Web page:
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An electric vehicle is seen at a charging station in New Jersey

The sun sets behind EV charging stations on June 17, 2022 in Leonia, New Jersey. (Photo: Kena Betancur/VIEW Press via Getty Images)

WTO Threats Against US Electric Vehicle Tax Credit Prompt Calls for 'Climate Peace Clause'

"It's time to end this circular firing squad where countries threaten and, if successful, weaken or repeal one another's climate measures through trade and investment agreements."

Jake Johnson

South Korea and the European Union's critiques of electric vehicle tax credit provisions in the Inflation Reduction Act—which U.S. President Joe Biden is expected to sign into law as soon as Friday—have sparked urgent calls for a global "climate peace clause" whereby nations would agree not to use archaic trade mechanisms to undermine the emission-reduction policies of other countries.

"It's time to end this circular firing squad where countries threaten and, if successful, weaken or repeal one another's climate measures through trade and investment agreements," Melinda St. Louis, Global Trade Watch director at Public Citizen, said in a statement Thursday.

"The U.S. should work with other countries to commit to a Climate Peace Clause and create a race to the top on trade and climate."

The E.U. and Seoul have specifically expressed concerns that the Inflation Reduction Act (IRA) limits EV tax credit eligibility to vehicles assembled in North America, a restriction that European Commission spokesperson Miriam Garcia Ferrer called "discriminatory" under World Trade Organization rules.

"It is discriminating against foreign producers in relation to U.S. producers," Ferrer told reporters earlier this week. "We continue to urge the United States to remove these discriminatory elements from the bill and ensure that it is fully compliant with the WTO."

Reuters reported that "South Korea also said on Thursday that it has expressed concerns to the United States that the bill could potentially violate WTO rules and a bilateral free trade deal."

"South Korea's trade ministry said in a statement that it has asked U.S. trade authorities to ease battery component and final vehicle assembly requirements," the outlet noted. "South Korea's auto industry group on Friday said it had sent a letter to the U.S. House of Representatives, requesting that the United States include EVs and battery components manufactured or assembled in South Korea as eligible for U.S. tax benefits, citing the U.S.-Korea Free Trade Agreement."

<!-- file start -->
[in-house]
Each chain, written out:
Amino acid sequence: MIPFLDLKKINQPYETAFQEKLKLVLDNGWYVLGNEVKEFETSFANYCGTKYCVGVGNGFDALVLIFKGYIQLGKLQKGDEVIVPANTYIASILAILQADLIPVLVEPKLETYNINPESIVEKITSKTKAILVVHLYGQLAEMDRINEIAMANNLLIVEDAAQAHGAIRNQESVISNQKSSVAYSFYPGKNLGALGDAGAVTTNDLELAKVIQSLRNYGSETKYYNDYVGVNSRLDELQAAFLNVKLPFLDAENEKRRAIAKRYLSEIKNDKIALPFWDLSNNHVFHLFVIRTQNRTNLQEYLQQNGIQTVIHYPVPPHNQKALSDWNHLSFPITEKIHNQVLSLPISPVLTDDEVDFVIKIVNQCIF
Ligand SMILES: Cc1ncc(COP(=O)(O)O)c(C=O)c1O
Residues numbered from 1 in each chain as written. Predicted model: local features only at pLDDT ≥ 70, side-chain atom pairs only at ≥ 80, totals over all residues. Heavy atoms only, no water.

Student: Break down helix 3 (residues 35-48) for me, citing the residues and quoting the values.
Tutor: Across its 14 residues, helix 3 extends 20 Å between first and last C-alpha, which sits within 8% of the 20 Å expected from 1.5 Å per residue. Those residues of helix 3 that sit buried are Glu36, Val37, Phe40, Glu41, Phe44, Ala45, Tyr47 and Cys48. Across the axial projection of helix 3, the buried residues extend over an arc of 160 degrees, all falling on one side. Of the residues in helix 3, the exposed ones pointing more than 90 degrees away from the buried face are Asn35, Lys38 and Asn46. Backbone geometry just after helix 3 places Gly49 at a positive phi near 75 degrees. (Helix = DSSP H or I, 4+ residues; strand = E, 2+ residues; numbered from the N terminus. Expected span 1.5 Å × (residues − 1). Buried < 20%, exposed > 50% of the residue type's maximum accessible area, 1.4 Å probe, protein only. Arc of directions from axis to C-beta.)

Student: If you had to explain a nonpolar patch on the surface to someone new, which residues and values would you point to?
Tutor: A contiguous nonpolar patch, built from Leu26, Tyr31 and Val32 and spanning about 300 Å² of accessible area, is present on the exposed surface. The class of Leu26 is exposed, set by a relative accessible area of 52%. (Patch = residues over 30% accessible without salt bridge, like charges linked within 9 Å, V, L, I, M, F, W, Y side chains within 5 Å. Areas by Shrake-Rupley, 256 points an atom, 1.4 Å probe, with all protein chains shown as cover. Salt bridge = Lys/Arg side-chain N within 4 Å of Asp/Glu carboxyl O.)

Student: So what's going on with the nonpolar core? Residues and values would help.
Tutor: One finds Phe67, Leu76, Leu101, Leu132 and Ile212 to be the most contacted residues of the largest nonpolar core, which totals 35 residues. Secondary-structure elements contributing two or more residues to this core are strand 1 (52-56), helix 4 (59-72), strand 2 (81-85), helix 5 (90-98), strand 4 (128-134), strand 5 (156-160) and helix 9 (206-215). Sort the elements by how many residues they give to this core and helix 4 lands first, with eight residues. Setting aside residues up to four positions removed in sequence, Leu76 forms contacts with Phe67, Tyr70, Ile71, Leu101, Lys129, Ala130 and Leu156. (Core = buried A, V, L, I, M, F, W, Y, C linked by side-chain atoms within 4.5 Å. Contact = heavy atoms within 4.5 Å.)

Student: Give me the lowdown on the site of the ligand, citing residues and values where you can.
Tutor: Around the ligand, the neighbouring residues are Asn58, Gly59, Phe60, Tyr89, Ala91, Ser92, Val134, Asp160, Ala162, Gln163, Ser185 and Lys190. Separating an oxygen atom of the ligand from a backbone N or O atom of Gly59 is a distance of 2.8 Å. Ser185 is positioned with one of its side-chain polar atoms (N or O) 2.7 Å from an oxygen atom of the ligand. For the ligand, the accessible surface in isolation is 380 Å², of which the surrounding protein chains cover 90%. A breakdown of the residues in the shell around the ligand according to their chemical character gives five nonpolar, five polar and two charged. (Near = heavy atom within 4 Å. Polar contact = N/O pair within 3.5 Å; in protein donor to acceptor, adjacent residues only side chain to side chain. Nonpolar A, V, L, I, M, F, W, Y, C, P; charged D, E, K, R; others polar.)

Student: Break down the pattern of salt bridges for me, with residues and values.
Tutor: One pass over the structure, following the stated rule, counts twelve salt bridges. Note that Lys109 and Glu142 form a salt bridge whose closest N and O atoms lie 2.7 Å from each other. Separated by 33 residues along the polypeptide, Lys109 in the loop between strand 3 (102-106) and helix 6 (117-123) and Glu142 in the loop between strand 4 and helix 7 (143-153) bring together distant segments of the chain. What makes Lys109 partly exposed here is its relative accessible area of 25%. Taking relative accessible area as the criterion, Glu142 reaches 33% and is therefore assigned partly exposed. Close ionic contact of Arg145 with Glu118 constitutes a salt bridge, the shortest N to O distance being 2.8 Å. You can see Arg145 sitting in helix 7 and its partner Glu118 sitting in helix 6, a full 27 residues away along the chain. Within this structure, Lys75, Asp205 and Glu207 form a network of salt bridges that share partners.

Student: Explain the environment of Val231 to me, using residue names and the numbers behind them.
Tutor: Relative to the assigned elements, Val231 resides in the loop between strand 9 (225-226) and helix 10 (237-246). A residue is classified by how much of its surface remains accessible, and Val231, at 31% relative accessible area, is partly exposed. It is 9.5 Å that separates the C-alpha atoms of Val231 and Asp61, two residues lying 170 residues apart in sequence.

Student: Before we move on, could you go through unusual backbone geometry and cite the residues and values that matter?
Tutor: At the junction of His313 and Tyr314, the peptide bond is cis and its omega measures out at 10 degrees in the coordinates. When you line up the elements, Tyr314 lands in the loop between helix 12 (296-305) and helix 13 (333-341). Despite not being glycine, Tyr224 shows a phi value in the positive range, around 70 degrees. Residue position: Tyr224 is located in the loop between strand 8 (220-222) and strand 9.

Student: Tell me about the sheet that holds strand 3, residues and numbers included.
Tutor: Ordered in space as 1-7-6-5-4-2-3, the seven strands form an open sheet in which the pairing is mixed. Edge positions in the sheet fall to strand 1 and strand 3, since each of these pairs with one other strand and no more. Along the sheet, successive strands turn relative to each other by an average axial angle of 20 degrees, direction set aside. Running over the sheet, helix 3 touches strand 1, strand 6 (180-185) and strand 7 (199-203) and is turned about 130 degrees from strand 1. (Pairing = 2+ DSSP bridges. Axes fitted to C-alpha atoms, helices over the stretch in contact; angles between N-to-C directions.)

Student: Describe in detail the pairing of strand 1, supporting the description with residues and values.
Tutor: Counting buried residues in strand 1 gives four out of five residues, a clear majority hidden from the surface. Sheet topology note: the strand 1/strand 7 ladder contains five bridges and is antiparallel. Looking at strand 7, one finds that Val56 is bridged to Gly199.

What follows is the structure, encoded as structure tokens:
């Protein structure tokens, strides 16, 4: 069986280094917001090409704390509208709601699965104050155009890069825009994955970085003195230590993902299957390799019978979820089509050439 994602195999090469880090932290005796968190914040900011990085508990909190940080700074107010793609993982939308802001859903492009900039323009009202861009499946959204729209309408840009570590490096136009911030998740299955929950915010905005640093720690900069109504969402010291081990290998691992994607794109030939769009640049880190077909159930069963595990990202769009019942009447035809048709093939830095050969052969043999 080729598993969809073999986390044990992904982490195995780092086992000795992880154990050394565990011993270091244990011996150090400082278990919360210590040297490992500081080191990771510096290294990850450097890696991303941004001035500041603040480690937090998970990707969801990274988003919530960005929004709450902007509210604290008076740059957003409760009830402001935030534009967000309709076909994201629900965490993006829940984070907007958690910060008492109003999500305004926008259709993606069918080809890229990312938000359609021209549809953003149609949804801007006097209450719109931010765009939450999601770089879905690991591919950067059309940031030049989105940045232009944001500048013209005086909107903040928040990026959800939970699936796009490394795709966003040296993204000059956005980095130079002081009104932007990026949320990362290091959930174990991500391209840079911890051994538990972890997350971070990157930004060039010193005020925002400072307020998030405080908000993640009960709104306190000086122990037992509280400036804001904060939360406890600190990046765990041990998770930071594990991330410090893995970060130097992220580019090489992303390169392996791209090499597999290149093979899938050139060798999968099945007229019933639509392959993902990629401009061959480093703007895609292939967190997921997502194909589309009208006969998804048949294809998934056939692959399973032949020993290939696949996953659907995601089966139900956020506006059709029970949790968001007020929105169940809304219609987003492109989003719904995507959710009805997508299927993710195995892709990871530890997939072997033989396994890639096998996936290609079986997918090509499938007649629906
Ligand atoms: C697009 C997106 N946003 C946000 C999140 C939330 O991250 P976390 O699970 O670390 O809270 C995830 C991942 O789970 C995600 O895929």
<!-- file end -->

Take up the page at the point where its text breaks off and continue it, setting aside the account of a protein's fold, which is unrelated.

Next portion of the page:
Such objections have sparked concerns that U.S. efforts to subsidize the production and greater adoption of electric vehicles to counter transportation emissions—the largest source of greenhouse gas pollution in the U.S.—could draw formal complaints at the corporate-dominated WTO, potentially posing legal challenges to the EV tax credits and other attempts at climate action.

Global trade mechanisms, specifically Investor-State Dispute Settlement (ISDS) provisions found in many agreements, have frequently been used by governments and corporations to challenge nations' climate policies, hampering the fight against the worsening planetary emergency.

"At the exact moment we should be promoting more green jobs initiatives in the U.S., we instead have the EU and other countries using threats of trade attacks to try to bully the U.S. into eliminating these types of programs, creating a race to the bottom in trade and climate," said Arthur Stamoulis, executive director of the Trade Justice Education Fund.

"It is time for countries to come together and agree to stop using trade rules to challenge commonsense climate and green jobs policies needed to build the clean energy economy," Stamoulis added. "The U.S. should work with other countries to commit to a Climate Peace Clause and create a race to the top on trade and climate. I urge the E.U. to reconsider this counterproductive action."

Hebah Kassem, acting director of A Living Economy at Sierra Club, added, "It's clear that the time for a Climate Peace Clause is now—so that all countries can get to the urgent business of taking bold climate action without fear of unnecessary challenges from trade agreements."


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